Los Angeles County’s unemployment rate fell to 7.8 percent in February as the county added 25,000 jobs across almost every industry, according to state figures released Friday.

The California Employment Development Department reported the county’s unemployment rate dropped slightly from 7.9 percent in January to the lowest level since July 2008. A year ago, the rate stood at 8.7 percent.

In a sign of the local economy’s gathering strength, the unemployment drop came even as more county residents entered the labor force looking for work.

But the county’s unemployment rate remains higher than the statewide average, now 6.7 percent, and far above the national rate of 5.5 percent.

Local employer payrolls rose by a net 25,400 jobs in February to 4.28 million, gaining back some of the seasonal losses in January. The gains were led by education (up 10,000 jobs) and entertainment (up 8,000). Many of the new job positions in entertainment were likely in anticipation of increased state tax credits for film and television production that kick in this spring.

The professional and business services sector added a net 3,800 jobs, while the government sector added 2,600 jobs.

The only sector to post job losses in February was retail trade, which lost a net 7,000 jobs. Some of the losses were seasonal as store payrolls continued to shrink after the holiday hiring season. But some may also have been due to labor unrest and congestion at the ports, which delayed the delivery of goods to store shelves.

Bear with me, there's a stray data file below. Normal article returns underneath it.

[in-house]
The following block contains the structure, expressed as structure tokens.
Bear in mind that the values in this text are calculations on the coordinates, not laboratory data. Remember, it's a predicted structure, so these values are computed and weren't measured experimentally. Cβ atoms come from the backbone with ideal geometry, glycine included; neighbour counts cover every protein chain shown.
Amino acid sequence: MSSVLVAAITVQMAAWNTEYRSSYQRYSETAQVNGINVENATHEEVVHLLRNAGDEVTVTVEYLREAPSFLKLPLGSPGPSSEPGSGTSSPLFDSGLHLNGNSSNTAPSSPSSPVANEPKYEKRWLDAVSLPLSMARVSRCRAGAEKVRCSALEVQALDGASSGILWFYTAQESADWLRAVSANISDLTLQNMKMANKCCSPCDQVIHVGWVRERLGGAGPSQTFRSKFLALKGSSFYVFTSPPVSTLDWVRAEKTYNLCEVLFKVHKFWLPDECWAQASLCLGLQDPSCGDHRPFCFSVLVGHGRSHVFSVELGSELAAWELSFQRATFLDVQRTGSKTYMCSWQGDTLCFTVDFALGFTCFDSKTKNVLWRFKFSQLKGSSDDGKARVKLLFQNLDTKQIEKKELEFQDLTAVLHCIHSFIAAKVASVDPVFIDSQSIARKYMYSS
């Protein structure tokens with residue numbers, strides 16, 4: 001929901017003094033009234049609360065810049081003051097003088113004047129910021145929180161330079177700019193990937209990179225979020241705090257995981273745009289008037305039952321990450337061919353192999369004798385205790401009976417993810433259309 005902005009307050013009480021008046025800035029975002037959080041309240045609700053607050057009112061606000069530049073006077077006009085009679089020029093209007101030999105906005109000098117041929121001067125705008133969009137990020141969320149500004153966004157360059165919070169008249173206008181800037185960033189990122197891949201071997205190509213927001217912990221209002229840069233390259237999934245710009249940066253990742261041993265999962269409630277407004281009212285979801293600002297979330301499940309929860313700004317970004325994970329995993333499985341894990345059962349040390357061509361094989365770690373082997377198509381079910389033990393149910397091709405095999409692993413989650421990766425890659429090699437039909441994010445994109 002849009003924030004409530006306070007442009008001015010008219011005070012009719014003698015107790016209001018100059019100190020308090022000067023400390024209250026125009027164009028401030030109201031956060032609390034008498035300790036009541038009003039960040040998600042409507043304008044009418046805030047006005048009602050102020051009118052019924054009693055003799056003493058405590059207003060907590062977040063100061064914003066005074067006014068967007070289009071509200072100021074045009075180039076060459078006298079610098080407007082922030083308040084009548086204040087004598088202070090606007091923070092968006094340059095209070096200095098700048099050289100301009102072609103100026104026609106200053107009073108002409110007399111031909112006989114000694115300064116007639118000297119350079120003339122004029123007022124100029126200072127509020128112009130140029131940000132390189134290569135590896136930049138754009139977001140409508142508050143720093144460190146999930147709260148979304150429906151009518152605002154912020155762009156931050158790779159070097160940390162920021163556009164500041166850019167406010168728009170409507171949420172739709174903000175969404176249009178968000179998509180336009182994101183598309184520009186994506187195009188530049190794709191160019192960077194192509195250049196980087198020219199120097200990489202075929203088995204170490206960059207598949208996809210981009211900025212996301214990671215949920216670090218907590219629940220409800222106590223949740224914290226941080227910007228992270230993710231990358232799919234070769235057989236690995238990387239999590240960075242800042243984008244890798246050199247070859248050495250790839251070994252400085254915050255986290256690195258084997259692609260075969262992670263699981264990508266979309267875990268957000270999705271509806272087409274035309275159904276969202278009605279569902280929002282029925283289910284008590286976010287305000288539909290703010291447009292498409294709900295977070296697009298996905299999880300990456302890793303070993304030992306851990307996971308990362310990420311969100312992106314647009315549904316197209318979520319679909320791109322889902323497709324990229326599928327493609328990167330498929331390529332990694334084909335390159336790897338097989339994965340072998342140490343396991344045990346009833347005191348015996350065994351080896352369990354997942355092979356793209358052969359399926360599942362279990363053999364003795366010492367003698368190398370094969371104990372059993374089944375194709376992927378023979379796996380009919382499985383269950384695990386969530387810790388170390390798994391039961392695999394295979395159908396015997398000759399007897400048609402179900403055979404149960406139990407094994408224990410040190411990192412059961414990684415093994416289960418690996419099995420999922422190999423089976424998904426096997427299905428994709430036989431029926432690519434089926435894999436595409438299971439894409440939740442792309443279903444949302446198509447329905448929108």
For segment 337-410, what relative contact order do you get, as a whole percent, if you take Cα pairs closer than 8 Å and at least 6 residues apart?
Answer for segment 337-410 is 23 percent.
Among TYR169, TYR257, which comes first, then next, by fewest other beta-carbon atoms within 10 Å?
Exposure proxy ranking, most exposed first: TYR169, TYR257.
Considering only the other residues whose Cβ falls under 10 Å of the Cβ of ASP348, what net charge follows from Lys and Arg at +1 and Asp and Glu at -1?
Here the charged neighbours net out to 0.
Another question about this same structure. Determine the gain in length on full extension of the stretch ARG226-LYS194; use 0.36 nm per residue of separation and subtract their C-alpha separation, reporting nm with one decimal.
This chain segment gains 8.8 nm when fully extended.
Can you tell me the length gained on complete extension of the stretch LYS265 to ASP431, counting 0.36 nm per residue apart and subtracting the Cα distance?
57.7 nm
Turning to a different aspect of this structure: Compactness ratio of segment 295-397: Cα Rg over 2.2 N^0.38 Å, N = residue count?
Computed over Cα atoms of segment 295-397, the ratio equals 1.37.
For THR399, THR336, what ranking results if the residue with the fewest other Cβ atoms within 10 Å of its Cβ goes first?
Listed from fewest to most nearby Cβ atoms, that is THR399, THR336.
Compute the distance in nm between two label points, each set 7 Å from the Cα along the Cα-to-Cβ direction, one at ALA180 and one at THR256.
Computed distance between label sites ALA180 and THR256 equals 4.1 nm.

Over the longer term, the local jobs picture was strong as the county gained 101,000 jobs over the past 12 months, a growth rate of 2.4 percent. Health services led the way, adding nearly 20,000 jobs. Leisure/hospitality was close behind, up 19,000 jobs, with most of those coming from the restaurant sector. Government, retail trade and professional/business services also posted strong gains.

The only sector to post job losses over the last 12 months was manufacturing, down 3,500, with most of those coming from companies producing non-durable goods.

Among large cities in the greater Valley region, Palmdale had the highest unemployment rate in February at 10.3 percent, followed by Lancaster at 8.6 percent. In the east Valley, Glendale reported Glendale 7.4 percent and Burbank 6.3 percent.

The city of Santa Clarita had a 7.0 percent rate, while Los Angeles, the largest city in the region, had 8.1 percent.